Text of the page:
The Straits Wine Company is leasing its third unit in six years. Previously at Maju Avenue in 2005, it later moved to 68A Serangoon Garden Way, two streets away, in 2010. Just a year on, it is now moving around the corner to 80 Serangoon Garden Way by the end of next month.

While declining to mention rental figures, the company's chief executive, Ms Kathy Lim-Sheehy, says it moved the first time because the landlord wanted to double the rent. Now it is moving again from its second location as the landlord there wants to rent the ground floor and the second floor, where it is now, as a single unit and for a higher rent.

Its new location will give it direct frontage, as it is on the ground floor and rent is relatively lower.

She says: 'I really couldn't afford to take both units in the previous location. But I wanted to stay in the area as we have a good following of loyal customers.

'I don't think I'll ever be happy with the rent - it's not cheap, definitely, but it's the best that we can get, so we're going to take the risk and sign the lease.'

The trend of rising commercial rentals mirrors the increase in residential property prices in the neighbourhood. Residential property prices have more than doubled in recent years as many homeowners tear down the single-storey houses to build swanky big homes.

The retail mix is bound to mirror this change. And there is no shortage of new businesses wanting a slice of the action. Mr Mohamed Ismail, chief executive of PropNex Realty, says that the change has also been driven by the growing number of international schools in the area, such as the Australian International School and the French School of Singapore.

'With more expatriates, businesses that can cater to this market will compete for the space in Serangoon Gardens to target this community,' he adds.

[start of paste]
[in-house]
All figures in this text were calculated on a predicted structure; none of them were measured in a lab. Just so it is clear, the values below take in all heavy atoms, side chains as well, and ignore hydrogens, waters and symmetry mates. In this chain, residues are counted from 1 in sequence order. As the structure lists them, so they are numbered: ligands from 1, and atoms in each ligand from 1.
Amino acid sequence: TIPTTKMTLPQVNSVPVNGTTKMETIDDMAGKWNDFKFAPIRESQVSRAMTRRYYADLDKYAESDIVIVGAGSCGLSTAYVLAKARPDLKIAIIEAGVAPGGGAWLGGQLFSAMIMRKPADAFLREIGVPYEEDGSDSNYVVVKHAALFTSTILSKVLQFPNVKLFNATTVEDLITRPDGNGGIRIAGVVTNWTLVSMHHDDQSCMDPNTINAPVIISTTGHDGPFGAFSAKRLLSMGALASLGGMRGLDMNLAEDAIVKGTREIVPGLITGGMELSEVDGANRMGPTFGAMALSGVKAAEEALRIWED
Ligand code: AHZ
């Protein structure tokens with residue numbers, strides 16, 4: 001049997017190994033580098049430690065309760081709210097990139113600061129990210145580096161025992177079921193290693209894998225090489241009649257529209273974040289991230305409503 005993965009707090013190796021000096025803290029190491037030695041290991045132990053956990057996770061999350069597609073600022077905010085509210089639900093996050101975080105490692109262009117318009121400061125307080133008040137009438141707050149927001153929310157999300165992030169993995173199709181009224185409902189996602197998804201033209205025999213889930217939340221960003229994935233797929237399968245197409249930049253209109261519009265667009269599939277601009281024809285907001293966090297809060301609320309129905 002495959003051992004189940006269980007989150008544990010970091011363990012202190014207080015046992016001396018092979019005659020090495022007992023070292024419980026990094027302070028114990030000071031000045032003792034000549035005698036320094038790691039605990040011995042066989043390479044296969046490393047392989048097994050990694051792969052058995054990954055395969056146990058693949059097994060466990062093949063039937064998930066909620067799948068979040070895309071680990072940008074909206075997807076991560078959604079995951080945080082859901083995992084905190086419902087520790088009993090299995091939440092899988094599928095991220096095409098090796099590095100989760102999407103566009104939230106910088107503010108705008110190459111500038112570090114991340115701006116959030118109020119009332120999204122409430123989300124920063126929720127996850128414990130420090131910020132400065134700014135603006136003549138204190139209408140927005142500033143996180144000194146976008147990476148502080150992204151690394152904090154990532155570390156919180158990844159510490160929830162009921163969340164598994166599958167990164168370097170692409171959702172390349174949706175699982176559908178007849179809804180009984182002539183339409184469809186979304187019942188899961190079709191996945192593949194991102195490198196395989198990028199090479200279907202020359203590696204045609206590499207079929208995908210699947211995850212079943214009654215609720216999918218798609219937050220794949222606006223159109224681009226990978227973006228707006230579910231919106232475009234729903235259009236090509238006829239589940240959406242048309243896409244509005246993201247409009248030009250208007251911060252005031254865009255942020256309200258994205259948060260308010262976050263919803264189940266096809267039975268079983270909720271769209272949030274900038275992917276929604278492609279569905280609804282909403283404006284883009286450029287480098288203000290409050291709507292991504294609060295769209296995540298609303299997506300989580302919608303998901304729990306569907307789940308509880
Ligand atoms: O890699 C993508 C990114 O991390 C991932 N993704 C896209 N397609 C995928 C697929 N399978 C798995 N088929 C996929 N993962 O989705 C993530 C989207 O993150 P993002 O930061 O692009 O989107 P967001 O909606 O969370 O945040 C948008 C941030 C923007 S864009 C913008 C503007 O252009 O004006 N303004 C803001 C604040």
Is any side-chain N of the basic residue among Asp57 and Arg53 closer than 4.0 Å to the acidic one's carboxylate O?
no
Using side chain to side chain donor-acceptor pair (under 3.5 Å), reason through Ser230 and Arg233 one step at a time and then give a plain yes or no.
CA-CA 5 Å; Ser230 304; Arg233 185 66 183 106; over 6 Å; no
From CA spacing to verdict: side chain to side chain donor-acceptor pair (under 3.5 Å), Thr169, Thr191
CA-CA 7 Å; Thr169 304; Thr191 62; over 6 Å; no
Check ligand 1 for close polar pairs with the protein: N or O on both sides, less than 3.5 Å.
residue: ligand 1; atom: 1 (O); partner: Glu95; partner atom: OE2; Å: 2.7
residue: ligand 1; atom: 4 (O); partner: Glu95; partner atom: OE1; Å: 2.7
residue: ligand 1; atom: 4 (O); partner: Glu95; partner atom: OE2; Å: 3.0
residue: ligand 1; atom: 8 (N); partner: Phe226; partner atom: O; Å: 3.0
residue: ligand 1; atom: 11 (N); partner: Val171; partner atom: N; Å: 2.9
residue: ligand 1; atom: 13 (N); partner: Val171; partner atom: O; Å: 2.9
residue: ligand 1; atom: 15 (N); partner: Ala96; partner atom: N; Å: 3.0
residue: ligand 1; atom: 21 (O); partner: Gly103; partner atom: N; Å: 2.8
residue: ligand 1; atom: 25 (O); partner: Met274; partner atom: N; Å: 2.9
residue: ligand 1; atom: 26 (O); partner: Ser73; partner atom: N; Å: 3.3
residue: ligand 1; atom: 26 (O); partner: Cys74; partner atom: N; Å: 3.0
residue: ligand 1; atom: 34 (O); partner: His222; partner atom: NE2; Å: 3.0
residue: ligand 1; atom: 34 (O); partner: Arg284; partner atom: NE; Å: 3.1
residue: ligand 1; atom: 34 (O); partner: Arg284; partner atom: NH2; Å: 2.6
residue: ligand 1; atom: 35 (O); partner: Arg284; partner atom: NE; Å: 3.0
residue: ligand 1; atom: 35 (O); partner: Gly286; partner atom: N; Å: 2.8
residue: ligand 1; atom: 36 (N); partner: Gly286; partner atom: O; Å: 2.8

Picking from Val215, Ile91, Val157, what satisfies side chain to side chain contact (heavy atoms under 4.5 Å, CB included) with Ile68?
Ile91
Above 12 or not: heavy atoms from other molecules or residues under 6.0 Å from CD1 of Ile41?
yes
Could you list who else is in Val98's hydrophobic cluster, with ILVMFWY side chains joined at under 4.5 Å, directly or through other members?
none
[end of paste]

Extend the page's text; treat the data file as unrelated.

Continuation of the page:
The newest kid on the block is Japanese bakery Mugiya, which opened just last week. And for it, rent prices brought cheer. The shop is paying a rental of at least 30 per cent lower than its other three mall outlets. It is subletting the store from NTUC FairPrice.

A spokesman for Mugiya, who declined to give the rental amount for the 600 sq ft shop, says: 'We picked this location as it has a nice, relaxing, lifestyle vibe. Also, the crowd from the residential area is good.'

However, it is not all plain-sailing for some newcomers. Japanese restaurant and wine bar Yama Mae, which opened in August last year on the corner of 87 Serangoon Garden Way, is experiencing 'rollercoaster days', says head chef Roy Chee.

Lunch hour is often quiet, and Yama Mae, which pays about $13,000 in monthly rent for the almost 2,000 sq feet ground floor unit, relies on regulars rather than walk-ins. While it is doing all right for now, Chef Roy, 41, says that it is tough to draw in the residential crowd, as not many are willing to pay $20 to $30 for a meal.

He says: 'There are no offices in the area and many of the long-time residents here are old. They either stay home and eat or go for cheaper options or brands they know well, such as Pow Sing or Chomp Chomp.'

But the old-style, 'kampung' flavour of the area is precisely why some business owners are keen to come in or stay in the area despite rising rentals.

The older faces in the neighbourhood, some of whom have been around since the 1980s, say they are able to survive because their landlords charge them 'discounted' rates.

Borshch Steakhouse owner Peter Ho, 70, says: 'Our landlord is fair to us because we are such a long-time tenant, that's why we can stay here for so long. We have been a little affected by these new restaurants opening here, but we do all right because we have our regulars.'

The restaurant, which opened in 1988 and serves Russian and Western cuisine, is an institution in the neighbourhood. Old-fashioned dishes such as peach melba and baked alaska, an ice-cream dessert, can still be found on its menu.

Similarly, a nameless barber shop on Porchester Avenue, which is known by its location alone and which has been around for more than 20 years, is hanging on thanks to a good relationship with the landlord.

Mr Ringo Moban, 51, one of the long-time barbers there, says: 'We don't make much. But we have loyal customers, and we love the place and the people. So as long as we can afford to stay, we will stay.'

Barber Ringo Moban says the business can get by because its landlord does not charge exorbitant rent.